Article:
Jury Convicts Former Virginia Police Officer on Jan. 6 Charges

Jury Convicts Former Virginia Police Officer on Jan. 6 Charges
Jacob Fracker (L) and Thomas Robertson pose in the U.S. Capitol on Jan. 6, 2021. (DOJ via The Epoch Times)
Zachary Stieber

A former police officer was convicted on April 11 of six counts relating to his taking part in the Jan. 6, 2021, breach of the U.S. Capitol.

Jurors convicted Thomas Robertson, the ex-officer, of obstructing an official proceeding, civil disorder, entering and remaining in a restricted building or grounds, disorderly conduct in a restricted building, and tampering—all felonies—in addition to a misdemeanor of disorderly conduct in a Capitol building.

Robertson faces up to 75 years in jail.

"While Mr. Robertson disagrees with the jury’s decision he respects the rule of law. He will appeal the verdict as he submits he never corruptly obstructed or impeded Congress on January 6. Furthermore, while the jury disagreed with his position, he did not use his walking stick as a dangerous weapon on January 6," Mark Rollins, a lawyer for the defendant, told The Epoch Times in an email.

According to the U.S. Capitol Police, Robertson, a police officer with the Rocky Mountain Police Department in Virginia at the time, entered the Capitol after 2 p.m. on Jan. 6 and made an obscene statement.

When Robertson entered the building on Jan. 6, it "was on lockdown" and his presence inside "was without lawful authority," according to charging documents.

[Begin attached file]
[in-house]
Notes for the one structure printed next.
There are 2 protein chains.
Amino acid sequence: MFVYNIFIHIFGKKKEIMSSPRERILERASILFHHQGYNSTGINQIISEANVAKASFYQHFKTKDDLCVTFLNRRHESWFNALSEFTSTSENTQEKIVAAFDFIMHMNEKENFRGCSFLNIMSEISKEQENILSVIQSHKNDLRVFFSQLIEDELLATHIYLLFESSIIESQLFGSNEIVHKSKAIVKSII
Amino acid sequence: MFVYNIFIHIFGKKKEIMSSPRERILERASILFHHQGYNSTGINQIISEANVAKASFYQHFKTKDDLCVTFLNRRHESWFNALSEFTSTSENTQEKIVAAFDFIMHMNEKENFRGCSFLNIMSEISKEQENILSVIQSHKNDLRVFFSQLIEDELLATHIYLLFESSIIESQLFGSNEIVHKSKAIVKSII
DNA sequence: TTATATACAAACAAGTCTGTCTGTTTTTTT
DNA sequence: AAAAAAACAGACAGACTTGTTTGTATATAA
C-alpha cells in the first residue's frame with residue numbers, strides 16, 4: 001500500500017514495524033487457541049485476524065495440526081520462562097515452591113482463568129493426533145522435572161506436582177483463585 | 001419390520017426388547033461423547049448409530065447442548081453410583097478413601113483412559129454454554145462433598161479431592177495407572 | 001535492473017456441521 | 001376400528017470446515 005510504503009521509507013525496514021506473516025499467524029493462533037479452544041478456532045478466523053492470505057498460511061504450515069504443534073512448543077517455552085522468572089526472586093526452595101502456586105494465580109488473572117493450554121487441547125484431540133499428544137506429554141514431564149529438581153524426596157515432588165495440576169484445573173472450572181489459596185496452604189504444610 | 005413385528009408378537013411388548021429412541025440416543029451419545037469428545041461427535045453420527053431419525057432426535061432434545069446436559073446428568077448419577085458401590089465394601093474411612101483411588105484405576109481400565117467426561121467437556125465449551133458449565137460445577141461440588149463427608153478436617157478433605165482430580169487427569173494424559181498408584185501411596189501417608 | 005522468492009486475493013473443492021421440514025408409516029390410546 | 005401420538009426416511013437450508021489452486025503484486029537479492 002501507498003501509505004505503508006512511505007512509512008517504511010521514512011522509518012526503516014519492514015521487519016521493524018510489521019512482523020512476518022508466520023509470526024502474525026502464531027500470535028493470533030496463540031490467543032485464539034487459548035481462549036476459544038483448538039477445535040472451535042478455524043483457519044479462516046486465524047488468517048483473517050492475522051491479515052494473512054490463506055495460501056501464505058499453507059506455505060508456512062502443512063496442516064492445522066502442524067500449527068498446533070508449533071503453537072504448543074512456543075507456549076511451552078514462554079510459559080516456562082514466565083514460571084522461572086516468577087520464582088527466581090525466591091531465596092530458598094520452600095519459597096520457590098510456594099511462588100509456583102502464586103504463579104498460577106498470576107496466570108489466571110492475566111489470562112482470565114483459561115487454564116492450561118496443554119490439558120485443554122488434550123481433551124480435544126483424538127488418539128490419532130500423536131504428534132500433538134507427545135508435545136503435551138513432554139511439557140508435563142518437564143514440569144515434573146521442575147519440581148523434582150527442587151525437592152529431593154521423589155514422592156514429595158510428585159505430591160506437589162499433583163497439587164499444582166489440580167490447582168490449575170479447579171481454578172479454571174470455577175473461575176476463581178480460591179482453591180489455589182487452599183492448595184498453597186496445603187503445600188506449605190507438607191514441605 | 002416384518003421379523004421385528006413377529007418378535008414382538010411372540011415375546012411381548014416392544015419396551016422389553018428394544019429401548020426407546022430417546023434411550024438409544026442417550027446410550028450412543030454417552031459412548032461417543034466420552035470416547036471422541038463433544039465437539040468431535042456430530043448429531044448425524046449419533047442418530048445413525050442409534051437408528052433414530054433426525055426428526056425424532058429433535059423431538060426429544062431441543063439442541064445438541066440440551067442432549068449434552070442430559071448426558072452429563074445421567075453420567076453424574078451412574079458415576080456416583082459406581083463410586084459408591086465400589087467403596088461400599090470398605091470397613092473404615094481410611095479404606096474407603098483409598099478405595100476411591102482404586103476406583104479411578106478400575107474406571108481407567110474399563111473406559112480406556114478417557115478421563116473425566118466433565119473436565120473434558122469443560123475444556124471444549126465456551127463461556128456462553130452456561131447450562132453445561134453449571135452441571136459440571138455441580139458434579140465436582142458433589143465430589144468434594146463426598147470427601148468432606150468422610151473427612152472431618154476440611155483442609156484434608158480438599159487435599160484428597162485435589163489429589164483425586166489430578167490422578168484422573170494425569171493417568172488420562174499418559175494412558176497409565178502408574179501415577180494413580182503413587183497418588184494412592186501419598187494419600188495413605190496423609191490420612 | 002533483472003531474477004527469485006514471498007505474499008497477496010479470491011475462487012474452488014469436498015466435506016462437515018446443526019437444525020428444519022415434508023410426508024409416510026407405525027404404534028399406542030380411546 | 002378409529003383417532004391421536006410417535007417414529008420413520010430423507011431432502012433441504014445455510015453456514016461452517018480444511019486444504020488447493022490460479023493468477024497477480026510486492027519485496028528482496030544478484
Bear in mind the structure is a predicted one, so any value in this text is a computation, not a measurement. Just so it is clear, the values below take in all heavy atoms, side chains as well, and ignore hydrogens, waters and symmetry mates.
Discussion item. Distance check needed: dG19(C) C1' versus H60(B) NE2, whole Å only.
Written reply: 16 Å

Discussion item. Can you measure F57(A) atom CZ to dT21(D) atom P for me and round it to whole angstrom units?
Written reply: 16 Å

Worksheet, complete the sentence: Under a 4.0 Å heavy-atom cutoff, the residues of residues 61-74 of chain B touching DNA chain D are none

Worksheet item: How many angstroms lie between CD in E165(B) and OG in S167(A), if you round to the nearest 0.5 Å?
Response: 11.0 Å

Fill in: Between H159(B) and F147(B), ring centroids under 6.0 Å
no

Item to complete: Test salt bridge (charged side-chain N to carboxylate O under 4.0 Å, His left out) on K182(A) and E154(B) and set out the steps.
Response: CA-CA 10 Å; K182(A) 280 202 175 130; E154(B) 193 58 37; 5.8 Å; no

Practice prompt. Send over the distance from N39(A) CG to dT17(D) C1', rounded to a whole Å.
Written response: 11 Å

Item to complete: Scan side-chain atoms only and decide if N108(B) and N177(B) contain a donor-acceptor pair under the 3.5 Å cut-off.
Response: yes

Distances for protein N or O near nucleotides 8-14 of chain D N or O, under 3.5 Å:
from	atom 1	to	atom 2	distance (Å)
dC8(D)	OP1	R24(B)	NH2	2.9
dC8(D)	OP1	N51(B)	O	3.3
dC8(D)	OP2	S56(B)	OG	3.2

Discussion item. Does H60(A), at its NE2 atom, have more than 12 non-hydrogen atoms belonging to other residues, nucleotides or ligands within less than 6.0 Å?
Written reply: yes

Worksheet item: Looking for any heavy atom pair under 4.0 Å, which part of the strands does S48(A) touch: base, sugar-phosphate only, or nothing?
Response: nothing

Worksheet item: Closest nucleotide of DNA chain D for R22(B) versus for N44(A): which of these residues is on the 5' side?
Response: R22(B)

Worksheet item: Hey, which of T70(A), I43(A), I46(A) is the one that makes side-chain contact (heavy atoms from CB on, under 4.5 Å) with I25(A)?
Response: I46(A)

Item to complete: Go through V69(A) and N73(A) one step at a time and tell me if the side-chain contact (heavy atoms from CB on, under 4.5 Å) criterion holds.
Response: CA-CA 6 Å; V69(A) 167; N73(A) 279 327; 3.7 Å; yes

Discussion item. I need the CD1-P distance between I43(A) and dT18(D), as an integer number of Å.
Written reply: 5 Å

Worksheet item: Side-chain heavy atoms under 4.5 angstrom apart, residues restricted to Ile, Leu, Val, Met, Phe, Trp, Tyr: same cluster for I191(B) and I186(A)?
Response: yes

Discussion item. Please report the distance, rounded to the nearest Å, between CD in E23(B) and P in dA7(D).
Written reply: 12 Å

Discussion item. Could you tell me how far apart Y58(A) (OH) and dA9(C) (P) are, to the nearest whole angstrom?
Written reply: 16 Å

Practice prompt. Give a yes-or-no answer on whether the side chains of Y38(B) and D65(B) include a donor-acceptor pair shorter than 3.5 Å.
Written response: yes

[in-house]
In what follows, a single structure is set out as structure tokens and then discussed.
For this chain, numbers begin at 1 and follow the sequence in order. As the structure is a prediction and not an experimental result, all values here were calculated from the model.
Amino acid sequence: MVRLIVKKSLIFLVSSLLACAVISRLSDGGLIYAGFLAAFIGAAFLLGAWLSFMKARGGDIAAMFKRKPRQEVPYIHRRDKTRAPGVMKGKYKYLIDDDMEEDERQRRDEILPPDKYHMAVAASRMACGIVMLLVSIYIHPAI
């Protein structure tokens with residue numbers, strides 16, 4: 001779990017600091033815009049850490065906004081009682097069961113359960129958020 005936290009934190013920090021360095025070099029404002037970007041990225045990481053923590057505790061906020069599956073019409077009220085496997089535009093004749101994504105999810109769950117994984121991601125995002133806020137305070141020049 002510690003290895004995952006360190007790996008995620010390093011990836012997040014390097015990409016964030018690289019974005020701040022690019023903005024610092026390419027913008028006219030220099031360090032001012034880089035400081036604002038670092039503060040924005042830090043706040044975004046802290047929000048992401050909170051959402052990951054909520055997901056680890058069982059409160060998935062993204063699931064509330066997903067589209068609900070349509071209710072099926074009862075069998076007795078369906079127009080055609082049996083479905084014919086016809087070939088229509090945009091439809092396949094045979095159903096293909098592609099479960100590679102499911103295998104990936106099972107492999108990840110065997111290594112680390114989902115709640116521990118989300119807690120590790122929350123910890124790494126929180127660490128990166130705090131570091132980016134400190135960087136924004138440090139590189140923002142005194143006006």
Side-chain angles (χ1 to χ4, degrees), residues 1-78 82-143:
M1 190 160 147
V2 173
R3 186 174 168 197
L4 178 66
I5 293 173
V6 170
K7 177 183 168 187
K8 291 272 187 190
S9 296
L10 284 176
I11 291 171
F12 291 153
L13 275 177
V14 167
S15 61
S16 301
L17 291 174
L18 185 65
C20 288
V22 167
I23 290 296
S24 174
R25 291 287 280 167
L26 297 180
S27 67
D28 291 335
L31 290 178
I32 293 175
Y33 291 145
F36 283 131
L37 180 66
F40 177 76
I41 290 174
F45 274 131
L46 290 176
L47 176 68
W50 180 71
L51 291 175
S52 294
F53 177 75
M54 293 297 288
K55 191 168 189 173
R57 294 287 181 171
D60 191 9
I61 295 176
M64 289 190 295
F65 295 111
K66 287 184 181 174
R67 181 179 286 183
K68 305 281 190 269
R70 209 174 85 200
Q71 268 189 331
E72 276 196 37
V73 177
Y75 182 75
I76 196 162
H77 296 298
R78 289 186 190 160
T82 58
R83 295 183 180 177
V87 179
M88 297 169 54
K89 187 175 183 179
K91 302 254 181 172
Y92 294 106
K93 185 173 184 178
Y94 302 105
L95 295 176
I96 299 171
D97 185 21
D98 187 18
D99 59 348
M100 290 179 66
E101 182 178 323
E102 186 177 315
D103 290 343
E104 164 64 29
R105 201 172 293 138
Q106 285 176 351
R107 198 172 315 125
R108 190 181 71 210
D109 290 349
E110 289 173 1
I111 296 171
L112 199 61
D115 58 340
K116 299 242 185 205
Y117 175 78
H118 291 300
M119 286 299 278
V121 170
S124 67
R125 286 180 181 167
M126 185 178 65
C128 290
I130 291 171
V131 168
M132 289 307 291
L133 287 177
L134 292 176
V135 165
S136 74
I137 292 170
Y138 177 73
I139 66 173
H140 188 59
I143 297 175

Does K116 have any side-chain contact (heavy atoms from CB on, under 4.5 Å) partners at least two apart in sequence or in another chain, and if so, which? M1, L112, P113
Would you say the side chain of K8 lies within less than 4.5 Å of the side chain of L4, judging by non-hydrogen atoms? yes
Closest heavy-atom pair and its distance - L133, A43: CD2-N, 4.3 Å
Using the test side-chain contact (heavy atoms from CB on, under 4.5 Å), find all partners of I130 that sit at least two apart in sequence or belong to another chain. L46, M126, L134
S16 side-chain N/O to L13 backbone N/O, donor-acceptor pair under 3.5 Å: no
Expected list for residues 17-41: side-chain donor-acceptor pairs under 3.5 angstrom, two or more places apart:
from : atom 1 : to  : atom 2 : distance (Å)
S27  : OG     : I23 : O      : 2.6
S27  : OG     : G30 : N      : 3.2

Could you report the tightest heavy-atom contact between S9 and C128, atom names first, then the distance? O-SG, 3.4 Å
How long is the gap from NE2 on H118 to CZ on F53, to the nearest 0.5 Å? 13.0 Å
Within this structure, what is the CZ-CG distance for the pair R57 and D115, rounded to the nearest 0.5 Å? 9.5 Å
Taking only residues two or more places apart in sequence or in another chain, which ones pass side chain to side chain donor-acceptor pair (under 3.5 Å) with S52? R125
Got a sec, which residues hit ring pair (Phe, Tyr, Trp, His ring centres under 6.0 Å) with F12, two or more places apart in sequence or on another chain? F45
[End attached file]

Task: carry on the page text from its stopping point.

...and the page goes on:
A grand jury later charged that Robertson "attempted to, and did, corruptly obstruct, influence, and impede" the certification by Congress of the 2020 presidential election's electoral votes.

The trial of Robertson, who was fired from his job a day after the breach, started on April 5.

Jacob Fracker, who was charged with Robertson, pleaded guilty in March to one count of conspiracy in exchange for several other charges being dropped. He could land up to five years in prison.

Robertson had attempted to get the sole felony with which he was charged dismissed, arguing through his counsel that prosecutors had failed to specify which proceeding he allegedly obstructed and that the joint session of Congress that was in session on Jan. 6 did not constitute an official proceeding, but a ceremonial one.

U.S. District Judge Christopher Cooper, an Obama appointee who oversaw the case, rejected the attempt earlier this year, concluding that the session did meet the requirement of an official proceeding.

Nearly 800 people have been charged in relation to Jan. 6, with approximately 248 entering guilty pleas so far.

Just four have not pleaded guilty and have seen their trials conclude, including Robertson.

Guy Wesley Reffitt, who did not enter the Capitol, was convicted on five counts, including civil disorder, by a jury in March. The two other cases were decided by a judge after the defendants chose bench trials. U.S. District Judge Trevor McFadden, a Trump appointee, fully acquitted Matthew Martin, a former federal contractor, and split a decision on the other man, Cowboys for Trump founder Couy Griffin.

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